AWF blames RWC for shortfall in profit growth, shares gain
Contract labour company AWF Group is blaming the Rugby World Cup for falling short of its own profit growth guidance.
AWF's earnings before interest, tax, depreciation and amortisation (EBITDA) for the six months ended September came in at $3.56 million, up 31 percent on the previous first half but less than the more than 40 percent increase the company told shareholders at the July 27 annual meeting to expect this year.
The shares gained 6.2 percent on the news.
“The group lost a little ground on earlier guidance provided to the market, largely due to a slowing of major customer activity through the build up to Rugby World Cup 2011,” chairman Ross Keenan said.
“While this was unexpected, it is not considered significant when it comes to AWF achieving overall annual targets,” Keenan said.
A jump in amortisation (non-cash) costs relating to the intangible assets of Panacea Healthcare, which AWF bought in November 2010, dragged the bottom line net profit down to $1.73 million, down 1 percent from the previous first half.
Managing director Simon Hull said Panacea has performed well and up to pre-acquisition expectations. The company's other recent acquisition, the Waihi-based AWF Mourant gold mining operations, “has had an exceptional year,” he said.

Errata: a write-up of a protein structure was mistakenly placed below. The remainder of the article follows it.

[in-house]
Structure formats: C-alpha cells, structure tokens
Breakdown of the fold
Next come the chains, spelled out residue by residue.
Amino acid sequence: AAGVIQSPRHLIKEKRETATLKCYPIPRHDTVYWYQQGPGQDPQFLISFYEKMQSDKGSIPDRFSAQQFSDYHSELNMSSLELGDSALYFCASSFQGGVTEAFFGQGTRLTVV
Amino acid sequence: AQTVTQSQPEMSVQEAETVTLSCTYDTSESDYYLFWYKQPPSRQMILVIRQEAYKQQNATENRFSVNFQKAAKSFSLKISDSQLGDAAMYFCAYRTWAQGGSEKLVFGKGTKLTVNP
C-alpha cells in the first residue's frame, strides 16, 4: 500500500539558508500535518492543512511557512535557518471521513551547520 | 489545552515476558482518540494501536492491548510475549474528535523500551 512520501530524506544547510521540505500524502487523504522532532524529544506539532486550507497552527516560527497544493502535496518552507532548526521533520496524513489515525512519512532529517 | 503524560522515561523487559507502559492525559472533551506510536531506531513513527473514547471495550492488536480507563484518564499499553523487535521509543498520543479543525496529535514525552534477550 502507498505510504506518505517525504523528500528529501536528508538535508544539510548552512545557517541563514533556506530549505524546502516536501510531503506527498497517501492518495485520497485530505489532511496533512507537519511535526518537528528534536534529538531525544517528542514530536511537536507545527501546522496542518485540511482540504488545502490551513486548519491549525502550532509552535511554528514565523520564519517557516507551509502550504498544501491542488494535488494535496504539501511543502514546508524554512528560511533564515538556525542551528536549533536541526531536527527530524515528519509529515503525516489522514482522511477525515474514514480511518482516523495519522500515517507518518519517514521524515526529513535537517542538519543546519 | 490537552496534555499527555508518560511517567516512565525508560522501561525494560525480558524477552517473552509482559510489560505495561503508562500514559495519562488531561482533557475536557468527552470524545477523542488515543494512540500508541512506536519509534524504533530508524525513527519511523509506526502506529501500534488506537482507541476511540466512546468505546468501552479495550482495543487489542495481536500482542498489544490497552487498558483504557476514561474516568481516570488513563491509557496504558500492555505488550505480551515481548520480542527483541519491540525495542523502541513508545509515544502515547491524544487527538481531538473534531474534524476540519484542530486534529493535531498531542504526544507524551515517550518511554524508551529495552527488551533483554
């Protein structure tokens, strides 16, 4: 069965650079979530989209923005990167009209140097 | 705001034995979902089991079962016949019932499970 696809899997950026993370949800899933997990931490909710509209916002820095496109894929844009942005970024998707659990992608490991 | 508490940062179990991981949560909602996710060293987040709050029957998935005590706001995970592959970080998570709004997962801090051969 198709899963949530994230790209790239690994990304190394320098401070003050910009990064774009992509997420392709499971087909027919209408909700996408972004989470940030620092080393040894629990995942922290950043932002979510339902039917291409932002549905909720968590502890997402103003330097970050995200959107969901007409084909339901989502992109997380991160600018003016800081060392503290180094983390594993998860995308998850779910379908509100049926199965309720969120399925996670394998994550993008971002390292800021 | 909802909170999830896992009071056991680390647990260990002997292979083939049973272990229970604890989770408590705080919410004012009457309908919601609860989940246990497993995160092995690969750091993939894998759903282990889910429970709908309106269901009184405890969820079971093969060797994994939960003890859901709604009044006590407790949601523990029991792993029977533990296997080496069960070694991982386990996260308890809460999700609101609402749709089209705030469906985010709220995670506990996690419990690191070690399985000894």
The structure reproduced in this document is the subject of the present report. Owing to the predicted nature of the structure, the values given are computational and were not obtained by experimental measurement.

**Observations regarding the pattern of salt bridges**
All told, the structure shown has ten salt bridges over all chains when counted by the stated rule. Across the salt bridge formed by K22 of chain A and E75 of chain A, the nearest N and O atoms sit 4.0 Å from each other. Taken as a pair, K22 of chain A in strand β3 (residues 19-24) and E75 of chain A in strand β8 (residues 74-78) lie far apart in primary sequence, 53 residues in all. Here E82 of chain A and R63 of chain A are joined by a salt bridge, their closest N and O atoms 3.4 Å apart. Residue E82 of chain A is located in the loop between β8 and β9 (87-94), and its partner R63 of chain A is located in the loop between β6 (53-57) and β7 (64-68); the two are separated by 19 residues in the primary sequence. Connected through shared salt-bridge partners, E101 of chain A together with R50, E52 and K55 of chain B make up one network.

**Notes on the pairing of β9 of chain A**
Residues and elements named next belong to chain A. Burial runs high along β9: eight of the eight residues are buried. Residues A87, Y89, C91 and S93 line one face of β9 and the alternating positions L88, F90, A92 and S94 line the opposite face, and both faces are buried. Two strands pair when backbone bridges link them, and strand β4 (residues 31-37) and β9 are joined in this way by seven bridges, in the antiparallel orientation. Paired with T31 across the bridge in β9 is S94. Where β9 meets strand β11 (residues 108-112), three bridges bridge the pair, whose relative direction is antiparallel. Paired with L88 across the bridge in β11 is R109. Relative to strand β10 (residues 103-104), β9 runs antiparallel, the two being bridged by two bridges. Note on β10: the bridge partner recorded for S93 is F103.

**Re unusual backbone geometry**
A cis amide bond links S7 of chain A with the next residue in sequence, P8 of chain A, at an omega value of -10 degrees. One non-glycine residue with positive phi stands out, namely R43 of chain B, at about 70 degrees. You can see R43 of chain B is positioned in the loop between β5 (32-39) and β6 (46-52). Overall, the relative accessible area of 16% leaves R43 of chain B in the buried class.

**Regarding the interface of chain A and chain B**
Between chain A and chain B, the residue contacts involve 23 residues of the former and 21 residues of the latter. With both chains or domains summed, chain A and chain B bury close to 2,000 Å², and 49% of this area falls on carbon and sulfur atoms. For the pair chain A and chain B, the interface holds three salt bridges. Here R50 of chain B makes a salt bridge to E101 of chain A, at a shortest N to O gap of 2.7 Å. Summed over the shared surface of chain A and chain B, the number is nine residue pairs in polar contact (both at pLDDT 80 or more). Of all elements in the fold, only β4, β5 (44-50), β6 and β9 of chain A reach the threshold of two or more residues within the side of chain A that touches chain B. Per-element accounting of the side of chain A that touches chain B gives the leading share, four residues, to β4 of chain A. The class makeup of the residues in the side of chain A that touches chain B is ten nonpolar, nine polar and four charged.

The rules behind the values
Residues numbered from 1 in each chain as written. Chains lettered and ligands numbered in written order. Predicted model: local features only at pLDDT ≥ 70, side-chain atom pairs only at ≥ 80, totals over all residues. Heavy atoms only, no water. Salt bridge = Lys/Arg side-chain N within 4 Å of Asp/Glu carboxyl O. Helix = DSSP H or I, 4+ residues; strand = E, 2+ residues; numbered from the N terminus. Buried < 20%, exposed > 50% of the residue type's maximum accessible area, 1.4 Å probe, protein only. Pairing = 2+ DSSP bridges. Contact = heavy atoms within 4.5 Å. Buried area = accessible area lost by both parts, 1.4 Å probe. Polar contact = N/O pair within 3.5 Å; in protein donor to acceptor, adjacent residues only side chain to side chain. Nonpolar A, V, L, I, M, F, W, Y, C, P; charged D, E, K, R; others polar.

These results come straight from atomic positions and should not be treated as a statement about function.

AWF bought 75 percent of Mourant in September last year and Hull said it bought the remaining 25 percent this month.
Hull said the 35 percent sales increase to $54.8 million for the six months shows the company is well on track to achieve its $100 million target for the full year.
“While the economy remains a little uncertain, there are strong opportunities for the placement of good temporary staff in AWF's core sectors of healthcare, manufacturing, food processing, transport and logistics, construction, infrastructure development and general labouring,” Hull said.
AWF will pay a fully imputed first-half dividend of 5 cents per share, up from 3.8 cents last year.
AWF shares are 12 cents higher at $2.05 in today’s trading, their highest price since the company listed in mid-2005. They have risen from 95 cents a year ago.
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